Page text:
But do you want to hear something amazing? It doesn’t matter to Jesus. He is calling you. It doesn’t matter what is in your past. It doesn’t matter what is in your life right now. He wants you to follow him. It doesn’t matter what other people think of you. You are someone He wants by His side. You don’t have to fix your life before you follow Him. Just follow Him right now. This is what Levi did. He left all and followed Christ.
Let me clarify something though. This is very important.
Following Jesus is not the same thing as believing in Jesus. Following Jesus, and obeying Him, and even loving Him, will not guarantee you eternal life. Only believing in Jesus gives you eternal life. God gives eternal life only to those who believe in Jesus Christ for it. Today, and in the months ahead as we study Luke, we will be talking a lot about discipleship and repentance and following Jesus. None of these things give you eternal life. Faith alone in Christ alone is the only condition of eternal life. These other things are good things to do, and things that all of us should do, but they will not give you eternal life.
Take Levi, for example. I don’t know if Levi has eternal life or not at this point. We aren’t really told. All we are told is that he left all and followed Christ. If Levi did not have eternal life prior to this event, his actions here did not allow him to receive eternal life either. We are not given eternal life because of good works. If Levi did already have eternal life, then his actions here are a decision to become a dedicated disciple of Jesus Christ. Levi, like everybody else, receives eternal life by believing in Jesus Christ for it. You do not receive eternal life by turning from sin. You do not receive eternal life by repenting. You do not receive eternal life by following Jesus. You receive eternal life by believing in Christ alone for it (John 3:16; 5:24; 6:47).
You see, repentance is for all men (Acts 17:30; 2 Peter 3:9). Non-Christians can repent and follow Jesus. This does not give them eternal life, but it may lead them to believe in Jesus later for eternal life. But repentance is not just for non-believers. It is for believers also. All of us who have believed in Jesus constantly struggle with sin every day. And if we are going to continue down the path of discipleship with Jesus, we are going to have repent of the sin in our life that He brings to light.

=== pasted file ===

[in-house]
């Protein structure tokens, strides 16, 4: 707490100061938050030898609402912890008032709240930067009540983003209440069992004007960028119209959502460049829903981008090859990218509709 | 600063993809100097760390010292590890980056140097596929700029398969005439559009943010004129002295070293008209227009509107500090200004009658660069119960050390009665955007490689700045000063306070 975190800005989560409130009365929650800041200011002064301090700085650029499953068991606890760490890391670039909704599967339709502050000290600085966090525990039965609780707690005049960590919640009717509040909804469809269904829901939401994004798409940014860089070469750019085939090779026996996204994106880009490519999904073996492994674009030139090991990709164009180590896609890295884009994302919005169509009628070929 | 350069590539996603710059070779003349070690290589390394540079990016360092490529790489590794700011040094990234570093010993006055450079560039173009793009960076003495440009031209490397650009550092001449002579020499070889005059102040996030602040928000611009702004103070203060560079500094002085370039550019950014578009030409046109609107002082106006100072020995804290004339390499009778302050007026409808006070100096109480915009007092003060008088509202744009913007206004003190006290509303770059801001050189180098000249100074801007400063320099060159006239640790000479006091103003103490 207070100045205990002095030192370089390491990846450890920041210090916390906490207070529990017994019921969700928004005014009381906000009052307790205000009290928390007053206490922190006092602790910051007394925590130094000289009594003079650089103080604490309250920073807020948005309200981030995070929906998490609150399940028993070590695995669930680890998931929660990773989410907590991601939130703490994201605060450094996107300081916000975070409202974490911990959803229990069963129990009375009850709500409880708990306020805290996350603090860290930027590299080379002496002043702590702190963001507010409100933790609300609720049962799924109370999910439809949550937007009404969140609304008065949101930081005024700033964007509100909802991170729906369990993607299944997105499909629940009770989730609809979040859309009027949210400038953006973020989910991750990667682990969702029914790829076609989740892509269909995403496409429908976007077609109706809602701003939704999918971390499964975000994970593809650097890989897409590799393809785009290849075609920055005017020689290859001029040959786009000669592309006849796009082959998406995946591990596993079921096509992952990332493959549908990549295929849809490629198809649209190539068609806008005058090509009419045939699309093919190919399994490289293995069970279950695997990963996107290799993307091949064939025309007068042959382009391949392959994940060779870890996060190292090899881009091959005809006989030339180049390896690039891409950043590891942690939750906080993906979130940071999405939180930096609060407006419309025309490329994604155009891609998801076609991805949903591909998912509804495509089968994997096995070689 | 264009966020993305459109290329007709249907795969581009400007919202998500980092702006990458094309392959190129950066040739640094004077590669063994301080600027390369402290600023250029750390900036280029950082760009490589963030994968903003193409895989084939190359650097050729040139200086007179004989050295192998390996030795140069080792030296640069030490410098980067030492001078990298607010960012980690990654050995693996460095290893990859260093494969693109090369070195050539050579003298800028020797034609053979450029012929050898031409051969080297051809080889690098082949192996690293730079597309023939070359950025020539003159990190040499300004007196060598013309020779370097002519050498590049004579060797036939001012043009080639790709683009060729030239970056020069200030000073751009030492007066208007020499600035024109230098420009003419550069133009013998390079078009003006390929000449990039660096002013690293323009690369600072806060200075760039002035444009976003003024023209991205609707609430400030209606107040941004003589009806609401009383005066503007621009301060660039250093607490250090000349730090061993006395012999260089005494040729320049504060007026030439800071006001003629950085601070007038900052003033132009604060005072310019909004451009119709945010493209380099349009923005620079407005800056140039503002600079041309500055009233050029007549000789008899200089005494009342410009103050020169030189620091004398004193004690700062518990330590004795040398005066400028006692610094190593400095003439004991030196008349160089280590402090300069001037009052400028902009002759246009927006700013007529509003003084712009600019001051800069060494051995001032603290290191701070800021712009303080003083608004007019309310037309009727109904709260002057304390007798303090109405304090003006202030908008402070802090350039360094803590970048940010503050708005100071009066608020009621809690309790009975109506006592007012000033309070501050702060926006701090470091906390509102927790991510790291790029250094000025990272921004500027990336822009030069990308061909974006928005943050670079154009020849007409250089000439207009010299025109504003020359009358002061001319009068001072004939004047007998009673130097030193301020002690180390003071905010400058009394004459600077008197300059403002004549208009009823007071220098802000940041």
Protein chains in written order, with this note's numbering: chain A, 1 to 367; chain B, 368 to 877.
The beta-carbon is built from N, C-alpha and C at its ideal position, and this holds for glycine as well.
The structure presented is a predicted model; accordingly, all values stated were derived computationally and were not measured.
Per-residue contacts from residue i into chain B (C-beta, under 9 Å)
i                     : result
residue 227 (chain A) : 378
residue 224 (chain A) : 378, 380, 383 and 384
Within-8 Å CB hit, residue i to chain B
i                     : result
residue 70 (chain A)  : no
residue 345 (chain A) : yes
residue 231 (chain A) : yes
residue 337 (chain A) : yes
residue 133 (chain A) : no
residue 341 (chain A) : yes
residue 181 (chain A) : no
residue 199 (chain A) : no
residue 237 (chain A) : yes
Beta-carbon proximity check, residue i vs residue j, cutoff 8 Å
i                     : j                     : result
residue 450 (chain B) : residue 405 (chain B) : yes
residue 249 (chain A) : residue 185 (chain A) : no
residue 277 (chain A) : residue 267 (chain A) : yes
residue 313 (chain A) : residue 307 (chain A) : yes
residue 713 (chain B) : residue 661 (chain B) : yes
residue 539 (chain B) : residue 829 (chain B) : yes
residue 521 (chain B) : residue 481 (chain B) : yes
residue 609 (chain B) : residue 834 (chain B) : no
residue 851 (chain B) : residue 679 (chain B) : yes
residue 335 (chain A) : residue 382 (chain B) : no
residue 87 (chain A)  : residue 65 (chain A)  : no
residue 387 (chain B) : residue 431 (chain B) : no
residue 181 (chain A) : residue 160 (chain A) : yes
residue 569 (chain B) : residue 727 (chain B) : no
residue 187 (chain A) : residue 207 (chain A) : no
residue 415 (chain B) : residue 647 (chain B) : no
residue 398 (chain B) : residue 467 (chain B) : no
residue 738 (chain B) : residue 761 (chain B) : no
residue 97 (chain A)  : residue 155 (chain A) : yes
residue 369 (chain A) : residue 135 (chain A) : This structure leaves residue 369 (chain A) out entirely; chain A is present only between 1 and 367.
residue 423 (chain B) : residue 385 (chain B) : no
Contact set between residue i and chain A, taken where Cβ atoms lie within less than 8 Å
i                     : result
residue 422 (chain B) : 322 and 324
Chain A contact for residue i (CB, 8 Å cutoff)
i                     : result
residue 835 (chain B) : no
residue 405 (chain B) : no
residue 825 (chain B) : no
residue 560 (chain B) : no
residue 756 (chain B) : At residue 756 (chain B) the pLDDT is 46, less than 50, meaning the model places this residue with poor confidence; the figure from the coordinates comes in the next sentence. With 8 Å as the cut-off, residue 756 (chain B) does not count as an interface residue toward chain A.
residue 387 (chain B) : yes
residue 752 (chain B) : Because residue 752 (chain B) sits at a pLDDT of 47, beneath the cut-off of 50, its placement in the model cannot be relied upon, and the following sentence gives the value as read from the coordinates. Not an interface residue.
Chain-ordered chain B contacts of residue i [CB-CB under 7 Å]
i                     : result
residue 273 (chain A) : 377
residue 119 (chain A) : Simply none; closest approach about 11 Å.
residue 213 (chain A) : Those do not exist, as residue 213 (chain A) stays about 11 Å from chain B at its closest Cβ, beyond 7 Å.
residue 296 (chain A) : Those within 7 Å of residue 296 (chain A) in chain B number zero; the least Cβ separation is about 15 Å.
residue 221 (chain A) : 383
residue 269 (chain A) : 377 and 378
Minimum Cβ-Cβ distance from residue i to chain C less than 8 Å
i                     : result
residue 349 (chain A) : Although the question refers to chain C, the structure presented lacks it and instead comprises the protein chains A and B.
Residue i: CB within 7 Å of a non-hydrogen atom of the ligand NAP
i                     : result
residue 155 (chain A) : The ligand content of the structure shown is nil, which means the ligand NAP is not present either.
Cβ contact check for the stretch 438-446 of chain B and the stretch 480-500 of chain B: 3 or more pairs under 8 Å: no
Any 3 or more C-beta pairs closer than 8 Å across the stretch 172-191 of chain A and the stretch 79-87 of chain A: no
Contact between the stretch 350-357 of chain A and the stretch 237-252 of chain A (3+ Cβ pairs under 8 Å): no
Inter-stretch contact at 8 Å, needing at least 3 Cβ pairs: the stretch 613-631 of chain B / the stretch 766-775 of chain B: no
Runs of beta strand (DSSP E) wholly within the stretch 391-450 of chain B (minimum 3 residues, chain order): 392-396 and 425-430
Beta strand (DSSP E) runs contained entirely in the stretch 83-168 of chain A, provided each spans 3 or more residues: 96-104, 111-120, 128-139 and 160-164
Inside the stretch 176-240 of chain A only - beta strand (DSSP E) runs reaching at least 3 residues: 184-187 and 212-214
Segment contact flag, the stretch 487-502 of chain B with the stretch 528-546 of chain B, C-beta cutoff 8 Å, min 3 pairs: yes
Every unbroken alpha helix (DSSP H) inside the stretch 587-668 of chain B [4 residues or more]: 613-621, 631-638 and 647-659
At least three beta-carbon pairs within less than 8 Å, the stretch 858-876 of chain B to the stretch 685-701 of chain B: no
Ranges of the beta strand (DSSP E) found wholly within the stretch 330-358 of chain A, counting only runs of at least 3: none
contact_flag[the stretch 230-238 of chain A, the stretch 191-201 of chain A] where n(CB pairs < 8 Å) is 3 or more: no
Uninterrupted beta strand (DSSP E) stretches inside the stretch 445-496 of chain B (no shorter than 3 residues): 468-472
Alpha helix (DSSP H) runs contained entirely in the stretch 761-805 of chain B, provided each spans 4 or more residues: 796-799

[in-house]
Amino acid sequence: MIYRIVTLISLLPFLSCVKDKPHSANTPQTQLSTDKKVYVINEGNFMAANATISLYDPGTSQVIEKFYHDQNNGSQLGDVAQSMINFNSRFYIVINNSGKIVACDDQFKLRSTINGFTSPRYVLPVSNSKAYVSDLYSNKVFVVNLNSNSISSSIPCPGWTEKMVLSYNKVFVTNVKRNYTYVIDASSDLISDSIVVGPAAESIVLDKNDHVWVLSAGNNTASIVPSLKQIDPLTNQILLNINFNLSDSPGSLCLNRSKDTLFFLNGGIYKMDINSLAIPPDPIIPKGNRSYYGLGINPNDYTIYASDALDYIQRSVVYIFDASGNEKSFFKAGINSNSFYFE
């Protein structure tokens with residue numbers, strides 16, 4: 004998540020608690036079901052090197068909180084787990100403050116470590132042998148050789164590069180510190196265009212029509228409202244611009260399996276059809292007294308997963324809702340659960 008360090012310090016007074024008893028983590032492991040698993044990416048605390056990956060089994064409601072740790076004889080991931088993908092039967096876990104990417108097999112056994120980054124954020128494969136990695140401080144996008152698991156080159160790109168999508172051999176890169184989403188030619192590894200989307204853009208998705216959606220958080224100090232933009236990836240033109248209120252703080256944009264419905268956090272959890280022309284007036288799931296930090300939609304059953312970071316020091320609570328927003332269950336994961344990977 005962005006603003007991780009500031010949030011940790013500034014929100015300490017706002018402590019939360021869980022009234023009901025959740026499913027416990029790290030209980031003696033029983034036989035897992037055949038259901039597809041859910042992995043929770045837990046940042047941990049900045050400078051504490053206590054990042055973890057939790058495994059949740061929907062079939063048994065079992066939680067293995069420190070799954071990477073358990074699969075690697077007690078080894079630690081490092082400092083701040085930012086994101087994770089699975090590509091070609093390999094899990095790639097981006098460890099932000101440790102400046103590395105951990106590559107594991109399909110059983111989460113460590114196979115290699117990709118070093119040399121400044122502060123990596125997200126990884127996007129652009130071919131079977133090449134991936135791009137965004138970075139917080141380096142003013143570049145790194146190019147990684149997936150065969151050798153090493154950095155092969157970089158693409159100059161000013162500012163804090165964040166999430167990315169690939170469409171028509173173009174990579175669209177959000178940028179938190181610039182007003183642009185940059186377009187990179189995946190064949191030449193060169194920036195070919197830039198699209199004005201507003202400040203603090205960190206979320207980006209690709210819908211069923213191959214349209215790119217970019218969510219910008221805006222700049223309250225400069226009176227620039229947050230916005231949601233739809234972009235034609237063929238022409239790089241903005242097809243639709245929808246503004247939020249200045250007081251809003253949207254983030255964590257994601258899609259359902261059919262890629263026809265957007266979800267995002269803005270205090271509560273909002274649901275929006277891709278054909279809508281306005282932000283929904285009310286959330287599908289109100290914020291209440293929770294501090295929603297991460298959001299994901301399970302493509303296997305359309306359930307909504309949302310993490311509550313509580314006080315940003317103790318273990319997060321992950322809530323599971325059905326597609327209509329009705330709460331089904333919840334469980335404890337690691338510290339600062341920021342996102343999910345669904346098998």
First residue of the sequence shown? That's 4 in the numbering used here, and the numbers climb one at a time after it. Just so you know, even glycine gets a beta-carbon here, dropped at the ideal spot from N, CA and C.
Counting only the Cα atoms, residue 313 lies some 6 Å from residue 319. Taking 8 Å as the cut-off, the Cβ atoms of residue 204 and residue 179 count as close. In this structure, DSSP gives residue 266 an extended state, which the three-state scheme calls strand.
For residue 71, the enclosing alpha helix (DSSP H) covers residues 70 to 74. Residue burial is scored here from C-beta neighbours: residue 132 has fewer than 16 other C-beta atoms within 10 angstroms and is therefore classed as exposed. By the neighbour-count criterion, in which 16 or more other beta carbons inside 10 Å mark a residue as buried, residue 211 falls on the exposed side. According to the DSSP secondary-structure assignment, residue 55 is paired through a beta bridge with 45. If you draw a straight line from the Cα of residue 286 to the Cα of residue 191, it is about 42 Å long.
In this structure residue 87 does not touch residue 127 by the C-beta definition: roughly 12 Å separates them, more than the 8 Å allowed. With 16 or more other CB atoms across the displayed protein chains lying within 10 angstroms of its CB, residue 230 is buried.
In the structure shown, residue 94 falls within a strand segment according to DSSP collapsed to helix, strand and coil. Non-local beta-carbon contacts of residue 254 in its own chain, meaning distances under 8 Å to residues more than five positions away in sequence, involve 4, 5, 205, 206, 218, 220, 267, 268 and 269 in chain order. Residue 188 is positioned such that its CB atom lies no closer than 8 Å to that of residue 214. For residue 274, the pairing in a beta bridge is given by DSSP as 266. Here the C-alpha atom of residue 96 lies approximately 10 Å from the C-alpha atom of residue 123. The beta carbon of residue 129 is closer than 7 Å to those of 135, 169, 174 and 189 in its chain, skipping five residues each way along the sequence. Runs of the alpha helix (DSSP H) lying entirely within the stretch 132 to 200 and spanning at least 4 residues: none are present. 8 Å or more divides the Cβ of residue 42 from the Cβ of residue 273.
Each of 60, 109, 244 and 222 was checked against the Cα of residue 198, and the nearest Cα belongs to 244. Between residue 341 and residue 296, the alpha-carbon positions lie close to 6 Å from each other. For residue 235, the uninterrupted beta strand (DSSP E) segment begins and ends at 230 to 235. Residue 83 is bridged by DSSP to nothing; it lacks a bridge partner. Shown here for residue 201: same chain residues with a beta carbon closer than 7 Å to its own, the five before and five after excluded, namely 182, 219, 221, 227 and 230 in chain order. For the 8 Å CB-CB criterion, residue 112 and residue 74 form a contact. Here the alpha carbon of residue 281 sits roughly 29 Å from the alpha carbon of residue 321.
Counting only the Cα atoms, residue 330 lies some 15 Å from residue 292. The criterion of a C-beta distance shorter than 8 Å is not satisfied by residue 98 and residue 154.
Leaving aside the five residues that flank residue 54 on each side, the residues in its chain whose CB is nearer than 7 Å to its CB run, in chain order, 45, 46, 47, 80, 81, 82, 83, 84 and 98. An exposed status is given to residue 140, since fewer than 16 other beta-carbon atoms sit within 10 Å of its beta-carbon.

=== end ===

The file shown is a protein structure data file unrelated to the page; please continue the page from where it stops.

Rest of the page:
So I don’t know if Levi was a believer here or not. If he wasn’t, then his decision to repent of his sin, leave all, and follow Jesus eventually leads to him believing in Jesus for eternal life. If he was a believer, then he is simply deciding to leave a sin that was still in his life, and follow Jesus through greater commitment and obedience. There is only one condition for receiving eternal life – and that is believing in Jesus Christ for it. But there are many conditions for becoming a committed disciple and follower of Jesus Christ. Repentance from sin is one of them. Following Jesus is another. And it is when we admit that we are a sinner and repent of our sin, that Jesus comes to fellowship with us.
2. Jesus Fellowships with Sinners (Luke 5:29-30)
Luke 5:29. Then Levi gave Him a great feast in his own house. And there were a great number of tax collectors and others who sat down with them.
Although Levi had quit his job, he hadn’t left his house or all of his money. He had simply stopped working at his sinful profession. And now, one of the first things he does is have a party for Jesus and invite a bunch of other tax collectors. Why the tax collectors? Because these were the only people he knew. He didn’t know any religious people. He didn’t know any of the social elite. He didn’t know any upright and socially acceptable people. They would never want him for a friend. So Levi just got together those friends he did have, and invited Jesus over for a meal. Levi has found what he was looking for in Jesus, and he wants to share Jesus with as many of his friends as he can.
By the way, studies tell us that generally those who are most effective in evangelism are those who have just started following Jesus. Why is that? Because they still have friends who are not Christians. When they believe in Jesus for eternal life, and discover that He forgives them for all of their sins for free, they love to tell their friends about it – just as we see Levi doing here. But generally, the longer one is a Christian, the fewer non-Christian friends he or she has, and so evangelism tapers off. This is why it is so important to make sure that we maintain contact with non-Christians and continually show compassion for them. We do not have to take part in their sin, but we do need to be part of their lives. When we follow Jesus, Jesus also wants to follow us into our homes, and workplaces and among our friends. Jesus has no qualms about sitting down for a meal and having a good time with those whom society considers “the sinful people.” Look who is at this great feast. Luke says that there were a great number of tax collectors and others.
From a cultural viewpoint, a tax collector was on the same level as a prostitute (Matt. 21:32). The religious people and the upright citizens didn’t want to have anything to do with either, but Jesus loves both and shows compassion toward both. Here we see him sharing a meal with tax collectors. And look how the religious rulers react in verse 30.
Luke 5:30. And their scribes and the Pharisees complained against His disciples, saying, “Why do You eat and drink with tax collectors and sinners?”